Cheryl Eckard received a whistleblower reward of over $100 million in 2010. But before she became a millionaire many times over, Eckard says she was the victim of retaliation.
Eckard, who worked in the compliance department of GlaxoSmithKline, filed a whistleblower lawsuit after being fired from the company in 2003. Her lawsuit claimed that she repeatedly expressed serious concerns to her superiors about compliance problems and quality assurance issues at the drugmaker’s Cidra plant in Puerto Rico prior to May 2003. Not long after sharing these concerns, Eckard allegedly received a call from GSK’s human resources department, informing her that she was to receive a redundancy package.
According to Eckard, she informed H.R. she wasn’t interested in the package, but was told that she had no choice. Even after she was fired, Eckard allegedly continued to try to get GSK to address Cidra’s quality control and compliance issues but was stonewalled. Years later, Cidra’s issues are now infamous.
In the end, GSK settled with the Justice Department for $750 million. The huge recovery would not have been possible had it not been for Eckard.
It goes without saying that whistleblowers face a difficult road in the pursuit of justice and are often the targets of retaliation. But what role does gender play in blowing the whistle? Are women whistleblowers more likely to be retaliated against?
A 2008 whistleblower study looked into these questions and more. Over 3,000 employees who participated in the study were given questionnaires that asked if they had “personally observed or had direct evidence” of any of 17 types of wrongdoing involving their organizations within the last year. The whistleblowers who reported wrongdoing (excluding those that reported anonymously) say they experienced the following types of retaliation:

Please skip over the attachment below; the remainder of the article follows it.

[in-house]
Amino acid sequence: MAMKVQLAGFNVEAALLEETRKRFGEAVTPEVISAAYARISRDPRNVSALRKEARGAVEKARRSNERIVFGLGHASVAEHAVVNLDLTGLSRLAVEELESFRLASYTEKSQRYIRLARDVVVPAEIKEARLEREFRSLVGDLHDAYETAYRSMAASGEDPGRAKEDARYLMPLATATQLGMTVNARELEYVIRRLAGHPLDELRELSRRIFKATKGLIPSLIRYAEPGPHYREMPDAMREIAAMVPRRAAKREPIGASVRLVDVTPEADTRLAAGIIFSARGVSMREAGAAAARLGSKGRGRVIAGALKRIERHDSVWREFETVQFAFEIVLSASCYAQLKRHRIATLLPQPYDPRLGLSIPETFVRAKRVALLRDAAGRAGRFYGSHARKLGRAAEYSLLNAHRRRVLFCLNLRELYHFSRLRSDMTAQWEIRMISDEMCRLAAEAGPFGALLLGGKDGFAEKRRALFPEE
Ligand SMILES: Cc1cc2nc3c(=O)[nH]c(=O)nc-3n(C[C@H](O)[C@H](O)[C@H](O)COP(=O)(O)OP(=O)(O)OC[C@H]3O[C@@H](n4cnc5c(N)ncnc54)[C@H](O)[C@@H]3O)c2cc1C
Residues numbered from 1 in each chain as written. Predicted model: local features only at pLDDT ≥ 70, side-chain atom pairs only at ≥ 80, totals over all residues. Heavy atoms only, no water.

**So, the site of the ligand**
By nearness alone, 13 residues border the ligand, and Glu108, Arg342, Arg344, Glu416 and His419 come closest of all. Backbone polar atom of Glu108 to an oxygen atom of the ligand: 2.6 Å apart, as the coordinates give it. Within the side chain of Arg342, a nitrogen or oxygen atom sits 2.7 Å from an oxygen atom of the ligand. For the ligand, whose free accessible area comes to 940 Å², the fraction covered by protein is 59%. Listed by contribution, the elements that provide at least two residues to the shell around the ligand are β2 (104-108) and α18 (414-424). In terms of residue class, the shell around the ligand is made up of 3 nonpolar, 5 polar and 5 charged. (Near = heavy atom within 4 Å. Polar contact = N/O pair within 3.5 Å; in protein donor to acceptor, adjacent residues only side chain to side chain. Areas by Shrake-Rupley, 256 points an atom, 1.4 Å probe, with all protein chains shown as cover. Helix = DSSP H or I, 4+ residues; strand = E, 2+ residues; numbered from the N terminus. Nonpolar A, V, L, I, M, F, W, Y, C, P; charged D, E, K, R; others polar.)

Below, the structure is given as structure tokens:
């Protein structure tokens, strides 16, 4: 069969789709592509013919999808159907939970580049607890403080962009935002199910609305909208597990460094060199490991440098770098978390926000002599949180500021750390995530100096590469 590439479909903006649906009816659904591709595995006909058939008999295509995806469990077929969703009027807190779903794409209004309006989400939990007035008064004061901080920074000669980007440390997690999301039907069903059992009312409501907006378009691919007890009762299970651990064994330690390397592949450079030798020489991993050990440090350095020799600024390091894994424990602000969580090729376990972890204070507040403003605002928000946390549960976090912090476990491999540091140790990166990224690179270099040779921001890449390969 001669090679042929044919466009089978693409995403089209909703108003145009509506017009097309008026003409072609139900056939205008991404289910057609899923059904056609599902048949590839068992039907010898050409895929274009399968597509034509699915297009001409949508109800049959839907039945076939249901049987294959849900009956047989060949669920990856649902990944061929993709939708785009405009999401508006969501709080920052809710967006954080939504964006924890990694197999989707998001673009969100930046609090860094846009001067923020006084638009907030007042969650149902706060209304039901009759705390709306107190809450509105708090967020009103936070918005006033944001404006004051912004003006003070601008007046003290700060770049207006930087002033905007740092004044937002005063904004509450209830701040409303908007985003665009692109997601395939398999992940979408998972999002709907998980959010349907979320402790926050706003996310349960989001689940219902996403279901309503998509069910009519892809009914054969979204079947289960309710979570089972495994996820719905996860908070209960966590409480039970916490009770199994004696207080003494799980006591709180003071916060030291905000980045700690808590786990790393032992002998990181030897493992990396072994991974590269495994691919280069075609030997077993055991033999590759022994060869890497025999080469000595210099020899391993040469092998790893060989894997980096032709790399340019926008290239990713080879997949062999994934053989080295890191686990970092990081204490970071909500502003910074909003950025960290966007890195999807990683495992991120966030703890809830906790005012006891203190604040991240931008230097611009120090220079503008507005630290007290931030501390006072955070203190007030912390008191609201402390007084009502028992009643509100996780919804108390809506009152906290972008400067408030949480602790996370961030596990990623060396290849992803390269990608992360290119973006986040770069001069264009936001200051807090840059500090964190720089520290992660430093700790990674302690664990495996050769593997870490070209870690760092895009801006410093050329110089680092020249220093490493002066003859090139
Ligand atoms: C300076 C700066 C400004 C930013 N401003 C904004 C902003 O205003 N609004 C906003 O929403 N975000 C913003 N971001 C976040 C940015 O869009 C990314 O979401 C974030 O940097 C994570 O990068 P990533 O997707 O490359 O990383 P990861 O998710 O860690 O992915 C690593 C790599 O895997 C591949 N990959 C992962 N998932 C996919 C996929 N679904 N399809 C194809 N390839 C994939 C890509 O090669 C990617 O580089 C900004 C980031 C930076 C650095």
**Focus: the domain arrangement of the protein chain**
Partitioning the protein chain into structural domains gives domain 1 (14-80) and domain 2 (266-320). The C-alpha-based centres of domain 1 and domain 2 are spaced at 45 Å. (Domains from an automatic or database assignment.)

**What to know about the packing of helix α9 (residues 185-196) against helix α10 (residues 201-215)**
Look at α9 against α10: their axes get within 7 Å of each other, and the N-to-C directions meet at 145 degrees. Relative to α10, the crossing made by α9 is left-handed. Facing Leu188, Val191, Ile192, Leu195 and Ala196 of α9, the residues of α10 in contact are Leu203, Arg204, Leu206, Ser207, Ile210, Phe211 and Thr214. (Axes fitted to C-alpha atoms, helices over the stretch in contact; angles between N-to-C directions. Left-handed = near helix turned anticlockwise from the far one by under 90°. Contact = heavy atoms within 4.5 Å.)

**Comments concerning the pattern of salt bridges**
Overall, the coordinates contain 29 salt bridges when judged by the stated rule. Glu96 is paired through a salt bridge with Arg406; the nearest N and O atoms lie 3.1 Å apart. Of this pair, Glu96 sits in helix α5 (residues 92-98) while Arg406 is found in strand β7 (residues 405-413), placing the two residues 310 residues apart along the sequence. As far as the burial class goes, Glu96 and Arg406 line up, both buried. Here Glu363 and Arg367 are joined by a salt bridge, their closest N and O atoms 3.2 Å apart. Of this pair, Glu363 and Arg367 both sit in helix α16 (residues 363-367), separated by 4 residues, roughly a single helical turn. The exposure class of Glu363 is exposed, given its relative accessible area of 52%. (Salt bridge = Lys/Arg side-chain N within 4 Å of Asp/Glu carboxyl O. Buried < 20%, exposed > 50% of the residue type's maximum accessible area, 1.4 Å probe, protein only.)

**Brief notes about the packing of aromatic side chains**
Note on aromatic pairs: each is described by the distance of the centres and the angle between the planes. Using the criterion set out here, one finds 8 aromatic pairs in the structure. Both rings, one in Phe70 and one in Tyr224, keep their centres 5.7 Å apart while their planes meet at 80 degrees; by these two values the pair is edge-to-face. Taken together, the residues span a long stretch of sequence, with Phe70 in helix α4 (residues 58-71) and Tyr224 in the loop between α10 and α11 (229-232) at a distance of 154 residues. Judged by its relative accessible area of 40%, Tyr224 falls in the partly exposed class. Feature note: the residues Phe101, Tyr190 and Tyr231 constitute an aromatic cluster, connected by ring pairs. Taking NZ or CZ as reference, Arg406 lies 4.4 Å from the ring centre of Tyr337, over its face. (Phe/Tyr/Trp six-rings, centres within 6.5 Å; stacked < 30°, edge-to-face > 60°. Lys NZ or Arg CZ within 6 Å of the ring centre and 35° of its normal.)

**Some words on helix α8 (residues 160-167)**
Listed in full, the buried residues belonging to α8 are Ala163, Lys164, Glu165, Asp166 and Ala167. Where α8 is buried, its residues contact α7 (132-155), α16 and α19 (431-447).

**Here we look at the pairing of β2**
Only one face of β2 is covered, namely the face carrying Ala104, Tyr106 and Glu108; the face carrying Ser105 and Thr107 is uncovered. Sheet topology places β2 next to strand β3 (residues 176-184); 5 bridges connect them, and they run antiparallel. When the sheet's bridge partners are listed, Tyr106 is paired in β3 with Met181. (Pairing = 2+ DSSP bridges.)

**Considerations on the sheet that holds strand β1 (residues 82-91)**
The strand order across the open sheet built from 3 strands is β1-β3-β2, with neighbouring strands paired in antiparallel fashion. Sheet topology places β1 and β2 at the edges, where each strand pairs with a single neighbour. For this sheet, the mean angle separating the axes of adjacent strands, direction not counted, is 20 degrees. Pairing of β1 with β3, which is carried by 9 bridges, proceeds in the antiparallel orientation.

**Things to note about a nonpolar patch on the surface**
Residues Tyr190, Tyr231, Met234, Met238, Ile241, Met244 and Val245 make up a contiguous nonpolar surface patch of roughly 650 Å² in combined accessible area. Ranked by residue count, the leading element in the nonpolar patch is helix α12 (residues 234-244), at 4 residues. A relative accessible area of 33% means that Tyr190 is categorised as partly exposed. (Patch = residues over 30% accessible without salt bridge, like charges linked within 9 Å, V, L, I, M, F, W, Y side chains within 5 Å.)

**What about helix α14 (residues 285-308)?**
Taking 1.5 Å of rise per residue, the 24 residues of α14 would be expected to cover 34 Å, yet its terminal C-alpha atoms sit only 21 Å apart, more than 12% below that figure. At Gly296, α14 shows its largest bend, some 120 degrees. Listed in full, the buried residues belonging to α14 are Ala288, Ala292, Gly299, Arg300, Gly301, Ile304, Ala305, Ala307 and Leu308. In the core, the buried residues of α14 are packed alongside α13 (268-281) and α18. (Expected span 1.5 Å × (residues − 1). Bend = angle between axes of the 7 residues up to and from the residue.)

- 15% said they received poor performance appraisals.
- 14% said they were more tightly scrutinized during daily activities by management.
- 12% said they were verbally harassed or intimidated.
- 11% said co-workers didn’t socialize with them.
- 10% said information needed to successfully perform their job was withheld from them.
- 9% said personnel and/or staff were withdrawn.
- 9% said they were denied training opportunities.
- 8% said they were assigned less important or less desirable tasks.
- 7% said their professional reputation was harmed.
- 7% said they were charged with committing an unrelated offense.
- 7% said they were denied a promotion or award.
What really proved interesting was the difference in treatment between male whistleblowers and female whistleblowers. According to the study, male whistleblowers were treated in accordance with their power within the organization. In other words, the higher up the company ladder a male whistleblower was, the less severe the retaliation. This proved not to be so for female whistleblowers, who received the same treatment “regardless of the amount of organizational power they held: Their status as women overrode their status as powerful or powerless organization members.”
Furthermore, the study found that when women blew the whistle on more serious misconduct or misconduct at higher levels within an organization, they were more likely to suffer retaliation. This did not prove to be the case for men.
So what is this study really saying?
- A woman is more likely to suffer retaliation than a man.
- A woman’s status within an organization is unrelated to retaliation. On the other hand, a male whistleblower’s status can and does, in some cases, insulate them from retaliation.
- A woman will face greater retaliation in accordance with the seriousness of the wrongdoing they report.
- The chance of a whistleblower being retaliated against is tied to their relationship with their boss. However, the effect of the retaliation is stronger for women than men.